State faces strict isolation after another sharp rise in coronavirus cases.
A serious spike in Victorian coronavirus cases has increased the likelihood of strict ‘lockdowns’ of specific Melbourne suburbs.
Announcing 75 new daily cases, the fourth-highest single day increase since the start of the pandemic, chief health officer Brett Sutton said there were not yet legal directions for stay-at-home orders, but that was a “conversation to be had over the next couple of days”.
He said the continuing rise in cases was “absolutely concerning” and the state's coronavirus situation would “get worse before it gets better”.
He says many of the new cases were due to people “still going out with symptoms”.
He implored people with symptoms such as a runny nose, sore throat, or fever to stay at home, get tested for COVID-19 and self-isolate until the results of the test are confirmed.
Victoria recorded 90 new cases of the virus at the weekend. It has now had double-digit increases for 12 consecutive days.
There are no new deaths, with the state's death toll sitting at 20. There are nine people in hospital, one in intensive care and 1789 people have recovered from the disease.
There were 15,000 coronavirus tests on Sunday, bringing the total of tests undertaken in Victoria to 792,000.
Victorian health minister Jenny Mikakos said that Monday’s cases were “overwhelmingly concentrated” in the 10 suburbs, mostly in Melbourne’s north and west, prioritised last Friday for a 10-day testing blitz.
Six of the cases were recorded on Monday were students at schools in that region, currently closed for school holidays.
Prime Minister Scott Morrison, speaking in Sydney, described Victoria’s numbers as a “serious outbreak”.
“We have seven states and territories at the moment in Australia, where there is either no or virtually no community transmission ... and what that means is resources that are available in other states can also be deployed to assist,” he said.
Earlier, Mr Sutton said Victoria was “absolutely” experiencing a second peak of coronavirus cases, which would challenge in the same way as the first.
“But like the first one, but we have been testing as significantly as at any point in Australia,” he said.
“It’s a genuine challenge now. I think we’re right at the edge, in terms of being able to manage it.”
“The effective reproduction number has come down, but it is not below one. It needs to be below one in order to drive numbers down,” he said.
Professor Sutton said locking down particular suburbs is “a balancing act”.
“We don’t want to drive people out of suburban areas into new unaffected areas.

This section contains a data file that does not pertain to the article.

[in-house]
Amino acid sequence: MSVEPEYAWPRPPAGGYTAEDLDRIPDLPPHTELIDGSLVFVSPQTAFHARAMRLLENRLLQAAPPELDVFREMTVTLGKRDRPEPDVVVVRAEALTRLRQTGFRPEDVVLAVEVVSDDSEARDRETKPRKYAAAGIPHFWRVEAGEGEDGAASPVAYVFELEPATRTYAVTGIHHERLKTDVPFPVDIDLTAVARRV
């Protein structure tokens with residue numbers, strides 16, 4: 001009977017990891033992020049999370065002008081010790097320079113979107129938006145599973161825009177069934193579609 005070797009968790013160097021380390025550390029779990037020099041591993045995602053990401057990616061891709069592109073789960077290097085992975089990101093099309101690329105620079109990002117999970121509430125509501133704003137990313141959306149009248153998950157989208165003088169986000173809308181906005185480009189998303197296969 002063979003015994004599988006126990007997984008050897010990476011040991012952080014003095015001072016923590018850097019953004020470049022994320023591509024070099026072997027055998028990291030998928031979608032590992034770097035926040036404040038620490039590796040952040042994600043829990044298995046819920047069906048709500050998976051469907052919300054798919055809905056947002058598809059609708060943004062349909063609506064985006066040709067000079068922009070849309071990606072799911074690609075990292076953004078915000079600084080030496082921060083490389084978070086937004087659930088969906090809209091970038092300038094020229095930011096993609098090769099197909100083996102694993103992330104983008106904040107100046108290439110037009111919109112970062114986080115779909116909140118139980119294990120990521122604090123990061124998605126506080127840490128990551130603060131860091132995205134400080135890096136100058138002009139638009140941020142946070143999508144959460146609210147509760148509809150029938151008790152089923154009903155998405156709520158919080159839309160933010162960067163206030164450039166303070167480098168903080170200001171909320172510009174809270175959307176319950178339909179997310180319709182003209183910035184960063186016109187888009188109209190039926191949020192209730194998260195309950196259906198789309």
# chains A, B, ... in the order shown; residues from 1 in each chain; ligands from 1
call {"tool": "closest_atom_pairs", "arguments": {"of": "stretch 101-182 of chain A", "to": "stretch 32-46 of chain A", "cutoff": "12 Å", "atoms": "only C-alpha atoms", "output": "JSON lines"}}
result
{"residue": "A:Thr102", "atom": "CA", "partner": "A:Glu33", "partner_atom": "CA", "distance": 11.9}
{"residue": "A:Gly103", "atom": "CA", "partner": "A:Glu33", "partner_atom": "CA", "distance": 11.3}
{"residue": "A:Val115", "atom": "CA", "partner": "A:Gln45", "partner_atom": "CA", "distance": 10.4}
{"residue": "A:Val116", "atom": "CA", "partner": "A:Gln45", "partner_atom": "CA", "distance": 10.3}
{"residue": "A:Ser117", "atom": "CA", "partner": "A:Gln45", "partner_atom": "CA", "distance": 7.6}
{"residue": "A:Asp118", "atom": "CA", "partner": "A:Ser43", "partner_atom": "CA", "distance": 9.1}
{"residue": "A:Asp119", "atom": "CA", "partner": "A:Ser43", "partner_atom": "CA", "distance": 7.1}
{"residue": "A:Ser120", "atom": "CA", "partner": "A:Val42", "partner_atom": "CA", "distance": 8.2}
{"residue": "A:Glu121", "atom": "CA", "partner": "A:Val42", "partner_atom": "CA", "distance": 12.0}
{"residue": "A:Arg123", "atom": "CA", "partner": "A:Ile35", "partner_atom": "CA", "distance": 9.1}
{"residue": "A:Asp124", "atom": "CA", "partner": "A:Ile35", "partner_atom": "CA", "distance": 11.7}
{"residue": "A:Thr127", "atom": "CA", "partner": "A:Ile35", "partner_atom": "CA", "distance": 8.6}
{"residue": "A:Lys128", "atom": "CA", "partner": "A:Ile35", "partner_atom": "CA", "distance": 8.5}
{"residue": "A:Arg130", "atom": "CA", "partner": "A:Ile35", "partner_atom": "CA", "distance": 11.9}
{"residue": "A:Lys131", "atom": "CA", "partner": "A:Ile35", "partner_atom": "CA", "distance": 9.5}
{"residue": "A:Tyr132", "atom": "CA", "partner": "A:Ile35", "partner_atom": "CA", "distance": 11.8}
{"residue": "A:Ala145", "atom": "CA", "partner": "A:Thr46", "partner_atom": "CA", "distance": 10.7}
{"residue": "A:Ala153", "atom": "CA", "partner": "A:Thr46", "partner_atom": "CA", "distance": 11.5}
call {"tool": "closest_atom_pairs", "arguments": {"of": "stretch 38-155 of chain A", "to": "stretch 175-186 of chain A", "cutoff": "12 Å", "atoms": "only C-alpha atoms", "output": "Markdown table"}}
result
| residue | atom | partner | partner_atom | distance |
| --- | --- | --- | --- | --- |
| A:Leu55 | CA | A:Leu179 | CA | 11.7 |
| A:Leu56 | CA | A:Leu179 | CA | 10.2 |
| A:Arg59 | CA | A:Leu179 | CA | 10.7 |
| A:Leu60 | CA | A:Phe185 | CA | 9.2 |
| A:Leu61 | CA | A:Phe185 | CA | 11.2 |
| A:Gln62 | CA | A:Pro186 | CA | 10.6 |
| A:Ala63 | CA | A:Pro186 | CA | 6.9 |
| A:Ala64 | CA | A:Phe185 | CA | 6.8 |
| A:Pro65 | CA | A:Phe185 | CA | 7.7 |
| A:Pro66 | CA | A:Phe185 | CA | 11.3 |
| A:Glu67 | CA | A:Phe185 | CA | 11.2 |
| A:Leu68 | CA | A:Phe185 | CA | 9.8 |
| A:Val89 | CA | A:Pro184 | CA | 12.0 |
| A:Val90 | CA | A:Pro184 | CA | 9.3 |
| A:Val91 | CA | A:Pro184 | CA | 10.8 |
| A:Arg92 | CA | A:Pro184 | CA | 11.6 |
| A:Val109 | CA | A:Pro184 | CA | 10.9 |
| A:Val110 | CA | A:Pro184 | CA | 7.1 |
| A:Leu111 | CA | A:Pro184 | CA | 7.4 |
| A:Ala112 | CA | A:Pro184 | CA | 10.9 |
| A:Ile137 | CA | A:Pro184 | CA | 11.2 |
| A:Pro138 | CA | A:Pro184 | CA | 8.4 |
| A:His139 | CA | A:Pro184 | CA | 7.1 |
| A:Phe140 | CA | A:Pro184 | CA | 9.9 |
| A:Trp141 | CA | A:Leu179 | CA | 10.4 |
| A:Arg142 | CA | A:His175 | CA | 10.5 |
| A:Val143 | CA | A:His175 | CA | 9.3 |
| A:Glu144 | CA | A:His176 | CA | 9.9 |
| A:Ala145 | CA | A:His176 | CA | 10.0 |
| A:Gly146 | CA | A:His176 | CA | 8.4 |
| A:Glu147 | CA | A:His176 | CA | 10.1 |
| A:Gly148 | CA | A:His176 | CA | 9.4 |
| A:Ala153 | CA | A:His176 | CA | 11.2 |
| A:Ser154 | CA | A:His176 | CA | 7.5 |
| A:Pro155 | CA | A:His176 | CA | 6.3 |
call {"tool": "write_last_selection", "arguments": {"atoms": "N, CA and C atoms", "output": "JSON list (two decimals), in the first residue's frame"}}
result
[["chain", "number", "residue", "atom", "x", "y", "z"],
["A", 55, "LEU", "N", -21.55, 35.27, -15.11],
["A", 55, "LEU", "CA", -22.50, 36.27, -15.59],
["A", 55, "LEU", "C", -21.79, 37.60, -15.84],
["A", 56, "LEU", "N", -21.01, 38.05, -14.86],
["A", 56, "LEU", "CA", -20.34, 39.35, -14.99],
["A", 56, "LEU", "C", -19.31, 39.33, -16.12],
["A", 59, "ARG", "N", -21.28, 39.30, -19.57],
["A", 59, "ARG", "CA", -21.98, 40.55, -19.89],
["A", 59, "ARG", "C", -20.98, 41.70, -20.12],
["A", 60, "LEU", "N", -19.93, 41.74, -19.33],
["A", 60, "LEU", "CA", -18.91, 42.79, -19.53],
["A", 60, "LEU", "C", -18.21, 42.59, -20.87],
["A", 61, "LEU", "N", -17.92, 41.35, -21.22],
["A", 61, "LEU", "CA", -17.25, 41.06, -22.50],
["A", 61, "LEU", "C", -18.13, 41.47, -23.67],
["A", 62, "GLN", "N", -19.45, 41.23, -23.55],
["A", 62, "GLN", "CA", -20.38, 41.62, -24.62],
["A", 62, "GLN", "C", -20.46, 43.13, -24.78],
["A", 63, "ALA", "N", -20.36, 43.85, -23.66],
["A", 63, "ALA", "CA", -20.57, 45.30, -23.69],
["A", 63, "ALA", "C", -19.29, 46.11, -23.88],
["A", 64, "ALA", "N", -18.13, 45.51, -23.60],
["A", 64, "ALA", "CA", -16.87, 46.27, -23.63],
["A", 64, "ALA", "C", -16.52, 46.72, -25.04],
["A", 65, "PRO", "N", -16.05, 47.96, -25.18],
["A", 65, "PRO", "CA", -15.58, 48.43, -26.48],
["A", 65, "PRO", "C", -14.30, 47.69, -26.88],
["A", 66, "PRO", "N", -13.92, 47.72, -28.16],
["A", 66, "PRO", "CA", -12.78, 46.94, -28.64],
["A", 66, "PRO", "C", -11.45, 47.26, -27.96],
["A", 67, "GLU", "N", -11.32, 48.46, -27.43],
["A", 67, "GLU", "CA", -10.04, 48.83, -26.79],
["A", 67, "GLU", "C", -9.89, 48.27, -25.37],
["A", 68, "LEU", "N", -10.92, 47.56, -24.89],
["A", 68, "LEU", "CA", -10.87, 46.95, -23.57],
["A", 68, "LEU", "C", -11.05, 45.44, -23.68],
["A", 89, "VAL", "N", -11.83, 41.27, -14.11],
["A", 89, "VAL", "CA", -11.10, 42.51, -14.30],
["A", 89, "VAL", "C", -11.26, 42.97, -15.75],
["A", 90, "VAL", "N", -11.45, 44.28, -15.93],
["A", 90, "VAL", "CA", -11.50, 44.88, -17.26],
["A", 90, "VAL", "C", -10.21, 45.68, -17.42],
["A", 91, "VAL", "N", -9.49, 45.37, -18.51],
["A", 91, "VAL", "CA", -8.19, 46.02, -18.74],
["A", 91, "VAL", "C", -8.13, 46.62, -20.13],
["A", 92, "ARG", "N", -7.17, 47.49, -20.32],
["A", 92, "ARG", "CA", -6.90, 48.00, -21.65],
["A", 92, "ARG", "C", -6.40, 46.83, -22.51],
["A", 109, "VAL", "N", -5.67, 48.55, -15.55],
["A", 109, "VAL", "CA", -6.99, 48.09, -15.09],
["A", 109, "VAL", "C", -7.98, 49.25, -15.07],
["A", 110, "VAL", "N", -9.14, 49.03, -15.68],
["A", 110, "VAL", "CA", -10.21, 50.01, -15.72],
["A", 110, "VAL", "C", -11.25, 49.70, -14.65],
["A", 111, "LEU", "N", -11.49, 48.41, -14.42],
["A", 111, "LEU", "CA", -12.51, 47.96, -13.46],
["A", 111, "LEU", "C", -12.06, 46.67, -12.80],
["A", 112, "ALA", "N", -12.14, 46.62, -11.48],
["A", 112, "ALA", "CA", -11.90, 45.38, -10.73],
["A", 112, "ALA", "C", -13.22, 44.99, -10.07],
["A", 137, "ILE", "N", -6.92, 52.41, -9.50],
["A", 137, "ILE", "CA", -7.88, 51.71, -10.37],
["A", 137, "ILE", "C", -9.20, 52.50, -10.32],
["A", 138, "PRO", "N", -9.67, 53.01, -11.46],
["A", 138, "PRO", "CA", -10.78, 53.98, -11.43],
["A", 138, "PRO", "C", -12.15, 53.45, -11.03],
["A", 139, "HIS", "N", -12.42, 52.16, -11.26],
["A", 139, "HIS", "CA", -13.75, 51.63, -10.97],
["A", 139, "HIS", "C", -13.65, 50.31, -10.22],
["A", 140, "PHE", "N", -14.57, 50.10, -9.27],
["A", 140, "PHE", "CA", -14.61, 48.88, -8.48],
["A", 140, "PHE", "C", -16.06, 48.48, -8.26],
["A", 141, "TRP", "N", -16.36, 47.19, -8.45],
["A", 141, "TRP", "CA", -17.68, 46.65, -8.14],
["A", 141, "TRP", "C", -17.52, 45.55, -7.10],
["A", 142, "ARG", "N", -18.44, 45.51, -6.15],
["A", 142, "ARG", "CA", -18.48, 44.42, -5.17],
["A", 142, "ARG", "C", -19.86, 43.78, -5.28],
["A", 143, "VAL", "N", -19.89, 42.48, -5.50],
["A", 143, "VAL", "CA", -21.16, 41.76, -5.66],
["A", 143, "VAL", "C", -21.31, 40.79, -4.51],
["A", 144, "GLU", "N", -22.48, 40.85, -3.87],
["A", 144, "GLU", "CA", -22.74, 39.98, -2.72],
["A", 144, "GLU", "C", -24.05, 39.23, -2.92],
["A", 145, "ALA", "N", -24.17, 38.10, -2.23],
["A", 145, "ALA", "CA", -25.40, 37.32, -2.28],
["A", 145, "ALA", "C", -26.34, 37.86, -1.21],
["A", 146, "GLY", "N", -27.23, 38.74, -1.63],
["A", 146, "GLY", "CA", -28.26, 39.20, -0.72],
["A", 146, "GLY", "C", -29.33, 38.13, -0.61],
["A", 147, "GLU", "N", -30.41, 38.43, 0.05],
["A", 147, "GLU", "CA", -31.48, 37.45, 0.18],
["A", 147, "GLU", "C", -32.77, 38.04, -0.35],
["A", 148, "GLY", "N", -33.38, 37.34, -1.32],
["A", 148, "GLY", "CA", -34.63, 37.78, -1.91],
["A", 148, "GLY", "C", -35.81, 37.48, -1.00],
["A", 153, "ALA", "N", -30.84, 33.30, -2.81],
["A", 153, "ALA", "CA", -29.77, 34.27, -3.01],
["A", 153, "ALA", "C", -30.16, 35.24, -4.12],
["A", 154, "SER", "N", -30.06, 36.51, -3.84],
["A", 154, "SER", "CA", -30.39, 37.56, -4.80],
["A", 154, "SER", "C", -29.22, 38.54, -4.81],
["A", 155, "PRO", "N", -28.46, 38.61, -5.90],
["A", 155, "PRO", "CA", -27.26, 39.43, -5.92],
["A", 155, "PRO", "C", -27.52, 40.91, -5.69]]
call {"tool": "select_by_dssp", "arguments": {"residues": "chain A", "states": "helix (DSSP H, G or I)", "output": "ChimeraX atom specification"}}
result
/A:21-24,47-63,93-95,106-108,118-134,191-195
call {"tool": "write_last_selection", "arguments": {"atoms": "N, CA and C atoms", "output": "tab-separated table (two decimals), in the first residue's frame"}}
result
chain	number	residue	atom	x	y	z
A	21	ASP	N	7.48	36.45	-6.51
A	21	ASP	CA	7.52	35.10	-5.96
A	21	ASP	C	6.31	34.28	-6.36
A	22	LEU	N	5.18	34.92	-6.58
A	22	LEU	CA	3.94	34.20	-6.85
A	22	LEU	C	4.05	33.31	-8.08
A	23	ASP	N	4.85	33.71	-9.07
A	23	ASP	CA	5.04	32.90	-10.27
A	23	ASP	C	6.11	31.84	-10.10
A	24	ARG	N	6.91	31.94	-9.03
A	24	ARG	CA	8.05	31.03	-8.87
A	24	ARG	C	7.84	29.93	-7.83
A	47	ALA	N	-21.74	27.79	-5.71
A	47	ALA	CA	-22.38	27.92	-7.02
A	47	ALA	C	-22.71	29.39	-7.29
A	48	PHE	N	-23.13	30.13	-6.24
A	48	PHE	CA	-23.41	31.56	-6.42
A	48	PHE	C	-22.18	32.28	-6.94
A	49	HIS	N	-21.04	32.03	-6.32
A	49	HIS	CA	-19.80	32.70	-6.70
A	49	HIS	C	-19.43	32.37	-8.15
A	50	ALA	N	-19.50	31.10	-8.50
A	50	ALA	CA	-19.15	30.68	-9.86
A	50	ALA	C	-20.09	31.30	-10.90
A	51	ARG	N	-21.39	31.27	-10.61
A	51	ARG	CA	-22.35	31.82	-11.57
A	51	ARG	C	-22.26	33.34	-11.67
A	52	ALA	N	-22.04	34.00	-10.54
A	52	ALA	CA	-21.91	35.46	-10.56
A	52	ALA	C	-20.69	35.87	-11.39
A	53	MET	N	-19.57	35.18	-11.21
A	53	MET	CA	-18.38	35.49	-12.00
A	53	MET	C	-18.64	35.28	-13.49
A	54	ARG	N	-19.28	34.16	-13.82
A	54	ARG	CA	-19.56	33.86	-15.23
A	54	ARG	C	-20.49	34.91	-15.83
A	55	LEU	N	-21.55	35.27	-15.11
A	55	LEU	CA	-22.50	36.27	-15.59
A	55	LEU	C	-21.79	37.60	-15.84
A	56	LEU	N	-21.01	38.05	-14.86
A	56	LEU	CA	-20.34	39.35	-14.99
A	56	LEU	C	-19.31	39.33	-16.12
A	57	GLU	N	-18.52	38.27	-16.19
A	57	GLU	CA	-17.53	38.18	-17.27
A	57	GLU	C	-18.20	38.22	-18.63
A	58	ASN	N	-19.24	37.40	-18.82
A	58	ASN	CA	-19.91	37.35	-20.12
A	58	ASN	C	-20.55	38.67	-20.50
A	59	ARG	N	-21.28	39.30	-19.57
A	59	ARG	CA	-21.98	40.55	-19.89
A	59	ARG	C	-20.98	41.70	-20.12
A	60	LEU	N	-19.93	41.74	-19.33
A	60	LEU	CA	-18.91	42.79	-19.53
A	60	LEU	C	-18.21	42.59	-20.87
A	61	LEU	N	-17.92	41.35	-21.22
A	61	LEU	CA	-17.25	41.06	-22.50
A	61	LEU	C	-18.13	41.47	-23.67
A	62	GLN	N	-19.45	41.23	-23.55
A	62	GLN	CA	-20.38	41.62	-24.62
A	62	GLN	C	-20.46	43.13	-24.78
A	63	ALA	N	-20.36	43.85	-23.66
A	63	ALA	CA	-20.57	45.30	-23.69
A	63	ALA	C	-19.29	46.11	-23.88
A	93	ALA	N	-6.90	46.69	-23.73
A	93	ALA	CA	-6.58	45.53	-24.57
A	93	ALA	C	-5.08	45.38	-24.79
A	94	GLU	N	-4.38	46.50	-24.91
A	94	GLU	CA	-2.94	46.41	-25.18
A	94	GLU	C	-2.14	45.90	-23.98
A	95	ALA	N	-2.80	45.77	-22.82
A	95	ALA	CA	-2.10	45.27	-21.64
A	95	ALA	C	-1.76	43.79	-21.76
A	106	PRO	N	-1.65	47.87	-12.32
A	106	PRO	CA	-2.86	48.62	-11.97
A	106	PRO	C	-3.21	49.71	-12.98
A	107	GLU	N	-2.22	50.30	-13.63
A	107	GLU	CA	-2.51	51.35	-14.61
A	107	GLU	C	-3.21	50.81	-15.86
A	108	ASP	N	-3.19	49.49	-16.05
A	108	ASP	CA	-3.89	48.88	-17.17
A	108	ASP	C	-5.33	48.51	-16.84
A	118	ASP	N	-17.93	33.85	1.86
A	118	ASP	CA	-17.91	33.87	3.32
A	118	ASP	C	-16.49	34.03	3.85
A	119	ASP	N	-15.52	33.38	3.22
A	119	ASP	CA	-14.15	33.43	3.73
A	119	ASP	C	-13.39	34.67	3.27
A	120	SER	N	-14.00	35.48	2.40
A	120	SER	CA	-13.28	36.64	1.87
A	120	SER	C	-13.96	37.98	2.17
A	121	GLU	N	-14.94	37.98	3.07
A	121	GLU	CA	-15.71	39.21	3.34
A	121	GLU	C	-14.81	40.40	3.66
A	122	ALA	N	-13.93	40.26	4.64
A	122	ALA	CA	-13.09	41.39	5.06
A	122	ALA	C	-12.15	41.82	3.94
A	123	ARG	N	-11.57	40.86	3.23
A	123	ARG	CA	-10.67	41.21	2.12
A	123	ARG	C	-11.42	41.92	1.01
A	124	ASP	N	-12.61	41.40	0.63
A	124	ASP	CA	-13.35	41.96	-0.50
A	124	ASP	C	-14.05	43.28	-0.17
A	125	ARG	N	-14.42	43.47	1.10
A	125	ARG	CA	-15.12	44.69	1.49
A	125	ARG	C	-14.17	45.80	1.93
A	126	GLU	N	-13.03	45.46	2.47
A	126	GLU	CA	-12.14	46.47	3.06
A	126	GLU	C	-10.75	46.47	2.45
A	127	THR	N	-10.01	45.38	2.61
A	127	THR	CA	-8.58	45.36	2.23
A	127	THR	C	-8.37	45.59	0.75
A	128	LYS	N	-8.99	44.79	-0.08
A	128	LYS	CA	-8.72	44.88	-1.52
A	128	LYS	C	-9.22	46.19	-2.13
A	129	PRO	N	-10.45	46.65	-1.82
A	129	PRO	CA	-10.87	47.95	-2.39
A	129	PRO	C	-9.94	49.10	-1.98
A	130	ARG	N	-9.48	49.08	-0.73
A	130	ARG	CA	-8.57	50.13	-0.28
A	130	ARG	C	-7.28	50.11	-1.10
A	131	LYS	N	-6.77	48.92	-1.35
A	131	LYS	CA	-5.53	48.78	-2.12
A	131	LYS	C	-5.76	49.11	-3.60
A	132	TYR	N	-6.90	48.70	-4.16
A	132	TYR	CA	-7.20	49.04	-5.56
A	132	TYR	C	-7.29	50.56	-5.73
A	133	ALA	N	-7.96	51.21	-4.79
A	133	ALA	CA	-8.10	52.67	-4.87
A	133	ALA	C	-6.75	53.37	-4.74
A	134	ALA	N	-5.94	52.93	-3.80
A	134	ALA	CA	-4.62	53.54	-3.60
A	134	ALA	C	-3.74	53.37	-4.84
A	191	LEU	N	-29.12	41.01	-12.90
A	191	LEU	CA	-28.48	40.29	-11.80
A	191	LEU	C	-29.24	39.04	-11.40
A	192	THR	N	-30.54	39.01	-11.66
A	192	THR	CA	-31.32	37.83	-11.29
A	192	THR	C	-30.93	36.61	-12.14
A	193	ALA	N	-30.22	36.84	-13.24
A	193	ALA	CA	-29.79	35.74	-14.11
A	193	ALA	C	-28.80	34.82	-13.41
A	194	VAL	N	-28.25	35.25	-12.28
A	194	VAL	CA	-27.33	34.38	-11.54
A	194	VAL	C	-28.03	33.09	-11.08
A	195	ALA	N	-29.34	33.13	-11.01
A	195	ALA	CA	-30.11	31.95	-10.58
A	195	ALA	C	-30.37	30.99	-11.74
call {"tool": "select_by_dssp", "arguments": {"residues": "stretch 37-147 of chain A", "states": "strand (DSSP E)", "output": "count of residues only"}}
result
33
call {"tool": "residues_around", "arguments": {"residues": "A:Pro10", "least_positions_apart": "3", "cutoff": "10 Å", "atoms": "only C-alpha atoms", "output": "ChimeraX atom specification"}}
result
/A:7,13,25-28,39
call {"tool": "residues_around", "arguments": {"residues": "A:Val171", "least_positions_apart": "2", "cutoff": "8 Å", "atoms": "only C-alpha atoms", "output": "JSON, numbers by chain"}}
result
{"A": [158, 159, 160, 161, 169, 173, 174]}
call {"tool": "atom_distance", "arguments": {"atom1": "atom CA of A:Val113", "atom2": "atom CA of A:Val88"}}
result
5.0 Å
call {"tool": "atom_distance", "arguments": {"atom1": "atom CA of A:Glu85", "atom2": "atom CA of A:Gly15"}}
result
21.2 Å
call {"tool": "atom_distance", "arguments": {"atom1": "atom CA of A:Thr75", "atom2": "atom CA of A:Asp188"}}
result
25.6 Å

“We know that it is a real challenge for businesses, it is a real challenge for people in their homes if that is what is required. But it is absolutely an option.”
New, less invasive saliva tests devised by the Doherty Institute were implemented for the first time on Monday. Professor Sharon Lewin, director of the Doherty Institute, said the new tests – in which a participant need only spit into a cup, rather than undergo a back of the throat swab – performed well, but the throat swab was the “gold standard”.
“The advantage of the saliva test is that it is much more acceptable for people to give a specimen, people just need to collect saliva in their mouth for a minute or two and then split it into a small jar and then that gets sent off to the laboratory,” Prof. Lewin said.
“We think it will play a role in bolstering testing reach across the state, particularly, as you heard earlier, in vulnerable populations or in people who have trouble with the throat swab, such as children or other individuals who find it more acceptable,” she said. “Much better to have this done than to have no test at all.”
NSW reported seven new cases on Monday, all returned travellers now in hotel quarantine.
Western Australia had one new case.
Queensland had no new cases.
Queensland announced that sporting teams that play Victorian teams or compete in Victoria will have to self-isolate for 14 days, forcing immediate changes to the AFL fixture. Richmond, scheduled to play West Coast in Brisbane on Thursday night, will now play Melbourne on Sunday at the MCG, while Sydney will now play West Coast on the Gold Coast on Saturday afternoon and St Kilda will play Carlton on Thursday night.
Do you believe we have a long way to go in containing COVID-19? Or is this just part of our ‘new normal’?
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